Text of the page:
News: DMOC for Space takes training virtual
SCHRIEVER AIR FORCE BASE, Colo. - Unbeknownst to many at Schriever, there is an organization on base that trains and educates American warfighters on space effects and capabilities.
The Distributed Mission Operations Center for Space is located inside the U.S. Air Force Warfare Center, but it has worldwide reach on a daily basis.
Officially, the unit conducts advanced training, participates in exercises and supports mission rehearsal events Air Force-wide.
"We also develop and integrate new modeling, simulation and network capabilities," said Larry Overmyer, DMOC-S director. "We are the only unit that provides space modeling simulation to the warfighter."
Reggie Spivey, DMOC-S deputy operations lead, describes the facility's mission in simpler terms.
"Think of Xbox Live," he said. "That system allows game players to compete along with other players around the world, where everyone can see the battle field. In essence, DMOC for Space provides that same type of scenario for participants in Air Force and combatant command exercises."
Most people have heard of Red Flag and Blue Flag exercises, where units come together at a central location and conduct battlefield operations. The DMOC-S provides those type of exercises to be conducted virtually, where all players can participate from their home location.
The unit contains exercise planners, engineers and space operators as well as intelligence, communications and cyber subject-matter experts. Members use sophisticated computing and communications equipment to create simulated environments as well as develop real and simulated data for a multitude of players during an exercise.
With 31 members, comprised of active duty, reservists, contractors and government civilians, DMOC-S provides support to units from tactical squadrons up to and including combatant commands such as U.S. Strategic Command, U.S. Northern Command and U.S. Pacific Command.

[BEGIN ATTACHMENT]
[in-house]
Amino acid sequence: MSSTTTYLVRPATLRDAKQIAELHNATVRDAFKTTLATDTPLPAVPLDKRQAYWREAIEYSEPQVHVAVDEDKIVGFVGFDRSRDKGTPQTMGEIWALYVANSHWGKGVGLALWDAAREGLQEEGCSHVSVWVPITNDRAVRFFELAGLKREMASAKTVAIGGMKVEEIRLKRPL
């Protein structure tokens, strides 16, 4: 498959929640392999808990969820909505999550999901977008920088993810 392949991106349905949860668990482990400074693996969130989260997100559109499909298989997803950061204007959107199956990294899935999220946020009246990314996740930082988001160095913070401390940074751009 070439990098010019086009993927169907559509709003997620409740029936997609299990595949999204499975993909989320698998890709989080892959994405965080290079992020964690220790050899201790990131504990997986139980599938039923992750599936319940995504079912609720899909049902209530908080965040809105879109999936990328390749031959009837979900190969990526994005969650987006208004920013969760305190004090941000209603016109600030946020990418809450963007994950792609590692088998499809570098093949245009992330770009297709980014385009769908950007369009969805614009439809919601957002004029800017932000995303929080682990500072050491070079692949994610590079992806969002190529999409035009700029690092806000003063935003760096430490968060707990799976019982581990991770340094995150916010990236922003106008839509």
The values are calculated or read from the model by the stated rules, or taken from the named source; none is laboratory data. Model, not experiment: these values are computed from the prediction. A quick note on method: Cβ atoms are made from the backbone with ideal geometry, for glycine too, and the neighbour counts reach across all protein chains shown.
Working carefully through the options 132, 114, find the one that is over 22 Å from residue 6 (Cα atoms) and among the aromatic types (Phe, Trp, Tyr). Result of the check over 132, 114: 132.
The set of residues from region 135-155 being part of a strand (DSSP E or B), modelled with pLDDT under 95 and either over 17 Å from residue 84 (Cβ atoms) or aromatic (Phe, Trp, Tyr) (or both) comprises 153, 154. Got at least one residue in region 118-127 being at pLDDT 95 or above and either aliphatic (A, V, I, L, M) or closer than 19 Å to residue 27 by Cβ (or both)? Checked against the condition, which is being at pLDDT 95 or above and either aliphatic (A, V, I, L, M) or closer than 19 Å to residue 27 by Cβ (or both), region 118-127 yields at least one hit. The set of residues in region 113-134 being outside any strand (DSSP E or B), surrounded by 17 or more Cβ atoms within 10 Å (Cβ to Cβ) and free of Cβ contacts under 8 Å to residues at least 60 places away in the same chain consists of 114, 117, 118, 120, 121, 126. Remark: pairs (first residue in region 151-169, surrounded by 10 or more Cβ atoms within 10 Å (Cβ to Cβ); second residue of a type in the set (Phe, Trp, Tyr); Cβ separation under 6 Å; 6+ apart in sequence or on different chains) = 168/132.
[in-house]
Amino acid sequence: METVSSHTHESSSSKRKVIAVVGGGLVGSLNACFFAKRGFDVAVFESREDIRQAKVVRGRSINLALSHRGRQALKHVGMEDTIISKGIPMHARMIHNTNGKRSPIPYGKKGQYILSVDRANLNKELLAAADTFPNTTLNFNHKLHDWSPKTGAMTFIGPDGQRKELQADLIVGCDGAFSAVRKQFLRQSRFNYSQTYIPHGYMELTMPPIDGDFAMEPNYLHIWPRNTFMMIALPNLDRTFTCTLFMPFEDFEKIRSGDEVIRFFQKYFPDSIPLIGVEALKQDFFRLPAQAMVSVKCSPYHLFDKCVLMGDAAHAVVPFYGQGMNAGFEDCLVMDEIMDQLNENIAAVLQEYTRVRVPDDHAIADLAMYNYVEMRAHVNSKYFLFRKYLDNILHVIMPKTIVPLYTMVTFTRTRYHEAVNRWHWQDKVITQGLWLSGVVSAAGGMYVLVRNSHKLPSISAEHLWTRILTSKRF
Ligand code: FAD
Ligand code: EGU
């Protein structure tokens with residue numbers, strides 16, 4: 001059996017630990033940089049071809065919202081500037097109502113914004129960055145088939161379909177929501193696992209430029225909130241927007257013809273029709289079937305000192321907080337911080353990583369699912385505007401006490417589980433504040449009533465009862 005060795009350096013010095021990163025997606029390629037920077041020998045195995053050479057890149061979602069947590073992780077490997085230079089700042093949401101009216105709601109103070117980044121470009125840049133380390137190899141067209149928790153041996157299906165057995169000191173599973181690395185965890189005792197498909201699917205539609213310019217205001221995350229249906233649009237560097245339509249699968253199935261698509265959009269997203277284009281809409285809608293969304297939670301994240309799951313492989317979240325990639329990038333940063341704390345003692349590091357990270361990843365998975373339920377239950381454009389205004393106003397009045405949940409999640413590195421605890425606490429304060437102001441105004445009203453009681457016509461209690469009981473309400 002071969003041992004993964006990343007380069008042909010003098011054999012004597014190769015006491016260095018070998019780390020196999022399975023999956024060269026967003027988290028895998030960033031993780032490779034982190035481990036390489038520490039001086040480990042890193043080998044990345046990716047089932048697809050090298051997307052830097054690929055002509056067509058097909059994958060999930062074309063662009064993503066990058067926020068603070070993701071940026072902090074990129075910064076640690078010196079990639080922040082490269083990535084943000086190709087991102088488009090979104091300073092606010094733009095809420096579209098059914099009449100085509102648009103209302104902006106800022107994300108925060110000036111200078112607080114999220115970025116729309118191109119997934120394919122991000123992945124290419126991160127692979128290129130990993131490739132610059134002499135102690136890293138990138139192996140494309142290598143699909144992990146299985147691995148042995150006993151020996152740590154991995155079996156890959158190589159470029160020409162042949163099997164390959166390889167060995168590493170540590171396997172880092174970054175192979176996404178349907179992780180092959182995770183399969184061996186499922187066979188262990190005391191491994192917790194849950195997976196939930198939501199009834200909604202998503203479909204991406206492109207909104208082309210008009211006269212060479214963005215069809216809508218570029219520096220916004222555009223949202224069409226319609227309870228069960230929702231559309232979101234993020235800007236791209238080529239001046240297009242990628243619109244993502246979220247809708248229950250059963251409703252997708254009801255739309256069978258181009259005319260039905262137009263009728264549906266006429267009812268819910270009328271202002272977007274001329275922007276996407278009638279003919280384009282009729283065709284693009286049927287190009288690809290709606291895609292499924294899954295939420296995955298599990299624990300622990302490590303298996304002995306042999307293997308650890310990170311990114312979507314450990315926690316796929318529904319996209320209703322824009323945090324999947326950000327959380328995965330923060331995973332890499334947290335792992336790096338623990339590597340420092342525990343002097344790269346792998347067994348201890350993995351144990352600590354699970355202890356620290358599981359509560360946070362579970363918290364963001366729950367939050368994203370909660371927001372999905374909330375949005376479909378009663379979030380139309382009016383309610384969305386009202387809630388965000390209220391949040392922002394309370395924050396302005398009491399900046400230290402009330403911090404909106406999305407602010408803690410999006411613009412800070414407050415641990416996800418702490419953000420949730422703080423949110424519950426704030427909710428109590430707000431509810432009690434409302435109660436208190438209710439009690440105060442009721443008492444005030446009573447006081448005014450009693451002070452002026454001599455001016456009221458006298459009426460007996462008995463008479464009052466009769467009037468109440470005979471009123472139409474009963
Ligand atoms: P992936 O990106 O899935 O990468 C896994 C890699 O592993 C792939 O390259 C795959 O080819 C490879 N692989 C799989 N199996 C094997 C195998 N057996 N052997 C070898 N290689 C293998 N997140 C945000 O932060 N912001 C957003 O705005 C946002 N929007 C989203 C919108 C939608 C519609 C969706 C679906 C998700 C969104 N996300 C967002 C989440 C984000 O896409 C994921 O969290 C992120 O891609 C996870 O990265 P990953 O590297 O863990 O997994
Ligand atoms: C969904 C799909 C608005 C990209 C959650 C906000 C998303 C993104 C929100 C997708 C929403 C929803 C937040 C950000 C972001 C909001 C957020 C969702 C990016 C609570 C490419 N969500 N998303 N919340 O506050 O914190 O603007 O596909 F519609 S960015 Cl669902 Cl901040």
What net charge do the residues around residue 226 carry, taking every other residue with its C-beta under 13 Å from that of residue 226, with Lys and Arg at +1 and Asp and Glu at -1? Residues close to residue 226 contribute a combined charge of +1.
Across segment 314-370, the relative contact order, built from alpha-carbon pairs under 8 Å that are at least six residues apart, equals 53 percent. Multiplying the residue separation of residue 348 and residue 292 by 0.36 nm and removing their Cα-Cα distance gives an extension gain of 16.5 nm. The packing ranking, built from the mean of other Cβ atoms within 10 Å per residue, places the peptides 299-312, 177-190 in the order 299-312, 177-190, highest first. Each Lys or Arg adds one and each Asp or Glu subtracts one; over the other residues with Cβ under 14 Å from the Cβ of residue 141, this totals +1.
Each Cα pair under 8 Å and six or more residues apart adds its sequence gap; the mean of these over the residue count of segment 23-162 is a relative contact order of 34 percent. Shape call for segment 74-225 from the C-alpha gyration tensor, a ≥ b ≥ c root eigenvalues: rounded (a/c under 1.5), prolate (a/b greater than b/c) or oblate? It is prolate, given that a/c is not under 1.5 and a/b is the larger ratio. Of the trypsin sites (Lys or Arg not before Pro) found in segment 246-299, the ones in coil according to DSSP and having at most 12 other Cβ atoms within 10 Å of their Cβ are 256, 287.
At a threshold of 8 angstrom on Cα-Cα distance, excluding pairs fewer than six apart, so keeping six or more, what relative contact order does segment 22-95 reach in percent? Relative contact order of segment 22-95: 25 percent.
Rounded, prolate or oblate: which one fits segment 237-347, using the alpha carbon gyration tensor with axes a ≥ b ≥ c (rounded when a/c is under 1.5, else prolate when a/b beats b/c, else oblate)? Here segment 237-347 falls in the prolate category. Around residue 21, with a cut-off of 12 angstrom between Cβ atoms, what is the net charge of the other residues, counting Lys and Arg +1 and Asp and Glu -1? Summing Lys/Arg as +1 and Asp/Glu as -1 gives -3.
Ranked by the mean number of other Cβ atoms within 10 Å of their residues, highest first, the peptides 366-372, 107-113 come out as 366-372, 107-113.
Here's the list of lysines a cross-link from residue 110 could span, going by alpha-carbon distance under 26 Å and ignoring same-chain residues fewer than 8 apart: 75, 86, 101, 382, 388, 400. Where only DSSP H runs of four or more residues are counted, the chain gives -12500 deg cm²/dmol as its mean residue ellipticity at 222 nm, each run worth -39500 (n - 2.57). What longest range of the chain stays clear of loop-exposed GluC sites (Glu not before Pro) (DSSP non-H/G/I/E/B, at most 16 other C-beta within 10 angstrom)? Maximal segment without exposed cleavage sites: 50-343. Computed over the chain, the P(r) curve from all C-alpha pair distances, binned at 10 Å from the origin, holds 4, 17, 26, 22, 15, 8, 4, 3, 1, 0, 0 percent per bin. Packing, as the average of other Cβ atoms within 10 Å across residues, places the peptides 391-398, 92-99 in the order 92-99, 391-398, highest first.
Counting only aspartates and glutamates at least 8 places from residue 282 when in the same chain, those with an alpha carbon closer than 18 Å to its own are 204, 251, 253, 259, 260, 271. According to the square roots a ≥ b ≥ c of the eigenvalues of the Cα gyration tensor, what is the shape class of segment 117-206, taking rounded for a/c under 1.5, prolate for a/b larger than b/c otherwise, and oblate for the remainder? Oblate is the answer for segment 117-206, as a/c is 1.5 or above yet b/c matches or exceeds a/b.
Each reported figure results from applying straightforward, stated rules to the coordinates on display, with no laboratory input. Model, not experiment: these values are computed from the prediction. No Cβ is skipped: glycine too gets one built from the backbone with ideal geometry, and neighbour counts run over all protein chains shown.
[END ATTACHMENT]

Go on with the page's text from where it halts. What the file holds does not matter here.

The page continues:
"A virtual flag does what a Red Flag does, except it's all virtual," said Jay Littleton, DMOC-S operations lead.
"The model is the same. Role players brief in the morning, then they have a three-hour execution period, then they debrief. For the crews, they do everything except step onto an aircraft. The Airborne Warning and Control System guys, an F-16 unit out of Hill Air Force Base, Utah, and a unit out of the 55th Wing at Offutt Air Force Base, Neb., can all participate simultaneously," he said. "And we can distribute information to all participants simultaneously."
The DMOC-S facility not only helps plan these exercises, it executes them from the space perspective, while also providing simulated space data to participants. The DMOC-S facility also helps units around the world test assets and programs.
"Let's say there is a new capability on an aircraft," Littleton said. "We'll get a request from a customer that tells us they want to test if a particular airplane can fly from point A to point B while receiving threats to the aircraft. They want to test the new capability, but they need simulated data to do so. Once we receive their script, we can build a scenario and provide the simulated data they need to validate their new capability."
Though located at the U.S. Air Force Warfare Center here, the DMOC-S unit is an operating location for the 705th Combat Training Squadron at Kirtland Air Force Base, N.M., a squadron under the purview of the 505th Command and Control Wing at Hurlburt Field, Fla.
It's been in existence, though under the radar, at Schriever since 2004 and the DMOC-S team expects it to be in high demand in the coming years.
"In this time of constrained budgets, it becomes much more economical to the Air Force for us to provide a realistic warfighting capability in a simulated environment," Littleton said. "This training is much cheaper. The crews aren't deploying, their fighting from their home station."